Nero Wolfe: The Complete Classic Whodunit Series I just discovered this delightful mystery series starring Timothy Hutton (a particular favorite of mine, ever since Made in Heaven). I can't believe I haven't been watching it already. It's set in the fifties, and really captures that overwhelming sense of denial that so characterized the age. I love Archie as a character, although (just like the books) I still don't quite understand his thing with women, or how it's relevant.

3. Leverage
The Morning After JobTimothy Hutton again, with a colorful cast ranging from mediocre to stunning. The characters are criminals with varied specialties who band together to help worthy underdogs and victims against other kinds of criminals. It's very Italian Job, but much less selfish.

2. The Middleman
The Middleman: The Complete Series"Campy" is the word. I really liked it, though. It lasted just long enough to round out the story in a bit of a flurry, but I really did like the quirky, super-hero-style adventures, the gizmos and doodads, the cute guy (also a regular on Lie to Me), and the quick dialogue and pop-culture references. The art isn't bad either.

And finally, my top pick for 2010. . .

1. Wonderfalls
Wonderfalls - The Complete Series I really related, although I found myself envying the main character's trailer and social life. Remember, 2010 is the year I started working in retail, too. Incidentally, "Mouth Breather" will become a regular on Eureka, as Fargo. This show has the spark of true creativity. It's honestly original, and it involves some really deep and truly realistic relationships, although they're mixed with the usual amusing, plot-pushing twists. Watch it.

Wednesday, December 15, 2010

Watching the Detectives

Watching the Detectives Featuring what must potentially be Cillian Murphy's bare backside, this film walked a thin line between brilliantly amusing and marginally pointless. I adored all the movie references (and I recommend the '59 Body Snatchers), and despite what that might say about me, I don't at all feel the need to run around wreaking havoc on any kind of level whatsoever.

The envelope it came in described the female character as  "femme fatale" - most likely to compare her to the noir films referenced so often, but she wasn't nearly so sinister. Technically, yes, she got the "hero" in trouble (some pretty deep trouble, if you consider it realistically), but the entirety of the plot did not include any larger events, murders, artificial inflations of that kind, etc. It was simply (or complexly?) a romance between a sedentary nerd and a marginally abusive lunatic, both of whom were fairly brilliantly acted, but don't tell Cillian; he'll get a swollen head.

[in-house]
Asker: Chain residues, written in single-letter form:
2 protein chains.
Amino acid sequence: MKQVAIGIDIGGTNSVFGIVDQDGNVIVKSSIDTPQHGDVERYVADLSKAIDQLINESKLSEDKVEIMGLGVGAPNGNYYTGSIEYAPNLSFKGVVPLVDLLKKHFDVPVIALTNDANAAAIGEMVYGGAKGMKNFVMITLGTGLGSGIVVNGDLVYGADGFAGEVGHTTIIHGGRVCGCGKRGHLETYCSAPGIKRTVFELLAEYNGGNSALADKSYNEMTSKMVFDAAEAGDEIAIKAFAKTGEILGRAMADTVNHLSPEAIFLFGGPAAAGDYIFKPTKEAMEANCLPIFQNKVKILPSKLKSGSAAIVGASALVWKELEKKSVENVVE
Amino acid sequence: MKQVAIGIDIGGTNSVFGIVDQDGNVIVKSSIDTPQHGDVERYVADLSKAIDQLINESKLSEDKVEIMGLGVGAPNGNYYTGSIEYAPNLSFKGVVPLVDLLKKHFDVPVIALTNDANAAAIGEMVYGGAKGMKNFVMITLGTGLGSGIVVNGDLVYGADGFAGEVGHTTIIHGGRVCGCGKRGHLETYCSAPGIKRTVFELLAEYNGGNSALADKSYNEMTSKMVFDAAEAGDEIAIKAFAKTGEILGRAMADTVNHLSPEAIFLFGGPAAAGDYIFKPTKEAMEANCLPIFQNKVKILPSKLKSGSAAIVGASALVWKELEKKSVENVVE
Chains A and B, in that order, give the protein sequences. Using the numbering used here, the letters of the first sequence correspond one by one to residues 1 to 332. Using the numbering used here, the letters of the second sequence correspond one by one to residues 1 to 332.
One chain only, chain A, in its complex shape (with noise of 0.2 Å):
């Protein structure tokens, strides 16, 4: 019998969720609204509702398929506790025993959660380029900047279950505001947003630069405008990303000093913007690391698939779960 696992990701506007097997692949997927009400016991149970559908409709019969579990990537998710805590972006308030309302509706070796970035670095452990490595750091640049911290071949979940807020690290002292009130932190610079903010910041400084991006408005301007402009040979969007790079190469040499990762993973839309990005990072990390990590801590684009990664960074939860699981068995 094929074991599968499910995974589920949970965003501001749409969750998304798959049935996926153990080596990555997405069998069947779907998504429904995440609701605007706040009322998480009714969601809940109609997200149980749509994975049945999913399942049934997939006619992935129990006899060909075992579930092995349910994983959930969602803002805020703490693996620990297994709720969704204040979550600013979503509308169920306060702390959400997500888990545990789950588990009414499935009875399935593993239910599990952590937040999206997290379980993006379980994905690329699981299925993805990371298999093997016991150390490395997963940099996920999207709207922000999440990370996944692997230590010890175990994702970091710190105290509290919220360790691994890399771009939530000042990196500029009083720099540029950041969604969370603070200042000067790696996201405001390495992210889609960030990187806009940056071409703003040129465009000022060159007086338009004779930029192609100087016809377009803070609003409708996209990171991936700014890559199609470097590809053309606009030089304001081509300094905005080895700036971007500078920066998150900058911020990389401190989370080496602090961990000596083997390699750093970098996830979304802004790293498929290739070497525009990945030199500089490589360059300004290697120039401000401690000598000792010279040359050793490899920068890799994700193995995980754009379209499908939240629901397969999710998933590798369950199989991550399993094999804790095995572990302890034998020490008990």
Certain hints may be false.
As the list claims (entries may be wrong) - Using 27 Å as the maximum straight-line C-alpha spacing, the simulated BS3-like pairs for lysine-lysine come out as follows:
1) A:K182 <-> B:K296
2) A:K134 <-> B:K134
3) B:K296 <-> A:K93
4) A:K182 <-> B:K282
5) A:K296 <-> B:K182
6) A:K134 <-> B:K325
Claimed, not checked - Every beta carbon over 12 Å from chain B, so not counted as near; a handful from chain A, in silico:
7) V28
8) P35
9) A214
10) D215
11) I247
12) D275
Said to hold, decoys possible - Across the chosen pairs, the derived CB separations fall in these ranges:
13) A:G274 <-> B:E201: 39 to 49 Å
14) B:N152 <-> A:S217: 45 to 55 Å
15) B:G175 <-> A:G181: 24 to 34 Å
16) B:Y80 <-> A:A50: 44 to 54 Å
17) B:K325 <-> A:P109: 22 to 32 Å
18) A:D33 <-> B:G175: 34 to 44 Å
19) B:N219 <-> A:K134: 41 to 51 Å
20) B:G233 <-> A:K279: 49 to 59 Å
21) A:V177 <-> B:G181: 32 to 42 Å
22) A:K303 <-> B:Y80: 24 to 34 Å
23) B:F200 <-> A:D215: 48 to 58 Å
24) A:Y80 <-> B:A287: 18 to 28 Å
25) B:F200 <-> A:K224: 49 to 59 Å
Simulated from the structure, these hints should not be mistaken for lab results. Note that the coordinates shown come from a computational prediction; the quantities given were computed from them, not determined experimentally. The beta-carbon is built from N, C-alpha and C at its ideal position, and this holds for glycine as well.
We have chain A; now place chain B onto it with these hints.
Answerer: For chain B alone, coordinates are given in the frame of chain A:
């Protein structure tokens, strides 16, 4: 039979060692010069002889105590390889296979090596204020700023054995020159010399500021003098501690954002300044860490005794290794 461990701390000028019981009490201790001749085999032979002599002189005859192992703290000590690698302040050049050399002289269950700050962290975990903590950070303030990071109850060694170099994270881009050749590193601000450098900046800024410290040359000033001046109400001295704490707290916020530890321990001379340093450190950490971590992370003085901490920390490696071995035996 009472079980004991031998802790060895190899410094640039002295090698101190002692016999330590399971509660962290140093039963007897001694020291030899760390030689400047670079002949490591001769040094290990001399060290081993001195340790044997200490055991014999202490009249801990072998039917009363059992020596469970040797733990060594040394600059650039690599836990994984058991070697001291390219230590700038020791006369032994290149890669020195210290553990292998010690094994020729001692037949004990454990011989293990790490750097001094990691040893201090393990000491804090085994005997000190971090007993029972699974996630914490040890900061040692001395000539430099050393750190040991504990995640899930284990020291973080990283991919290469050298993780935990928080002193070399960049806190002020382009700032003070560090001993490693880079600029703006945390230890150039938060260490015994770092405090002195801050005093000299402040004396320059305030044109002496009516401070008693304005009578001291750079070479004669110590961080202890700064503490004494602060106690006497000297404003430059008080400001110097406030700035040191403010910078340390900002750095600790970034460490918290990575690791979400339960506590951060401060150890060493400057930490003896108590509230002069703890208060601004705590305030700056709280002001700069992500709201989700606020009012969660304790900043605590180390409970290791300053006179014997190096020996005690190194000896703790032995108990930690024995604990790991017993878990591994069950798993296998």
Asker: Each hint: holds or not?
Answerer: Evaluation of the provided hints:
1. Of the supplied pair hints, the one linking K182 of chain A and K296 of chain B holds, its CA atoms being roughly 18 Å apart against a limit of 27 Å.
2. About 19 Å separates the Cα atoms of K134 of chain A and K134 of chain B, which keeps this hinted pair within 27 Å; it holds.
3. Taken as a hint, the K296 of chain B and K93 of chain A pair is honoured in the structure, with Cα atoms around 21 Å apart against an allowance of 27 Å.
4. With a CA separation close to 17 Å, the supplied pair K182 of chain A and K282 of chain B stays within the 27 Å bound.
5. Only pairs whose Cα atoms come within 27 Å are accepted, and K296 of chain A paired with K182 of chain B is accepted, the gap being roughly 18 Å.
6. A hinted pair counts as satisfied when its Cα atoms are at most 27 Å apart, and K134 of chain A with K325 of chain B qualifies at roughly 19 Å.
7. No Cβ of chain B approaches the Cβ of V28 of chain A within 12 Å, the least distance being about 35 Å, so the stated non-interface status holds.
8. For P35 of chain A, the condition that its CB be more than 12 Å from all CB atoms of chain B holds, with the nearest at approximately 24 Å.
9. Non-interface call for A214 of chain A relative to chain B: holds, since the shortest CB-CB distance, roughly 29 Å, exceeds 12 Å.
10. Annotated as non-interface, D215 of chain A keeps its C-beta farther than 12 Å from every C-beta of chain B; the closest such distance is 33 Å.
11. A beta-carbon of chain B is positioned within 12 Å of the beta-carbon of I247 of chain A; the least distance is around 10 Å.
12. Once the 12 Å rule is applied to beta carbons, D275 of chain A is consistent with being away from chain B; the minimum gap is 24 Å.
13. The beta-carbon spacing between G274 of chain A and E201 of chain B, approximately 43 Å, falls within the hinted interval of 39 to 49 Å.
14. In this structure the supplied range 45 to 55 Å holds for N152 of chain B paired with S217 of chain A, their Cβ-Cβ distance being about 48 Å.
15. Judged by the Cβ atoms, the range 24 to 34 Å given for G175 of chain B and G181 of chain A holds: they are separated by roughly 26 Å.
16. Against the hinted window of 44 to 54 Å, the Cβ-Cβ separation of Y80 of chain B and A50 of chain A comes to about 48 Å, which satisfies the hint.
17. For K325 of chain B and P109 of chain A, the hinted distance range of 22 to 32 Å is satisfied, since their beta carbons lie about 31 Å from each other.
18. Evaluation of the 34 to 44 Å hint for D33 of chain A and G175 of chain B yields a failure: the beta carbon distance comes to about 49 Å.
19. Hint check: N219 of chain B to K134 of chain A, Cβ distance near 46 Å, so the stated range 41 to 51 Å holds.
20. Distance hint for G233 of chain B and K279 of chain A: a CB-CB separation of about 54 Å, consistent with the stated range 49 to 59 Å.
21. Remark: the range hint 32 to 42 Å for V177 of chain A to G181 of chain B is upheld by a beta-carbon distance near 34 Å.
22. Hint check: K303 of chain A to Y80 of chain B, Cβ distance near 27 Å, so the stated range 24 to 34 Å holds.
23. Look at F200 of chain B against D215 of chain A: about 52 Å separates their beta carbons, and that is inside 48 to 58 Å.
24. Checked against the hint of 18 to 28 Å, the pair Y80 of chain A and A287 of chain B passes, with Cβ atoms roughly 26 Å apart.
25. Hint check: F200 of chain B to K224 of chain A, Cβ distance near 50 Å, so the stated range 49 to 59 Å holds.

The images in great moments really boil down to the knot-hole in a fence, Lucy Liu's continuously more exposed chest, and the aforementioned backside. None of these images really strike the imagination, or pretend the epic. Perhaps one image of Violet sitting on the floor of the DVD store and swapping discs sticks in any sort of meaningful way.

Still trying to decide on amusing or pointless. I'll get back to you.

Wednesday, December 1, 2010

Rough Magic

Rough Magic The contrast between sex and romance in this film amazed me. Strong elements of real emotional romance made strong appearances and held the plot together well, and yet throughout the whole thing, in the ending especially, the director reduces that potentially epic romance to its most crass. I felt disappointed.

Russell Crowe impressed me significantly. His performance, though obviously not the focal point of the film, showed real skill and nuance. Bridget Fonda was adequate, though not at all impressive. I always enjoy watching her anyway, for some reason, even knowing that she's simply not as good as her name makes her sound.

The magic in the movie had the same problem as the romance, in a kind of profound parallel. Although it had the potential (with a slightly higher budget, I must assume) to sweep the audience off it's feet, like the romance, it was reduced to a sausage and a ring. [insert naughty joke here].

The camera work irritated me. The filming locations were nice, though.

Truly, I liked watching Russell Crowe in a dramedy. I like this lighter stuff much better than all his posing, and I think it's because as an actor, his expressions and style are really quite intense, and look better in relief than wallowing in his natural morbidity.
I honestly do recommend this film, if only for the curiosity. Just remember to hit the lights after she drops her last handkerchief.

Incidentally, you might be interested in Ebert's review.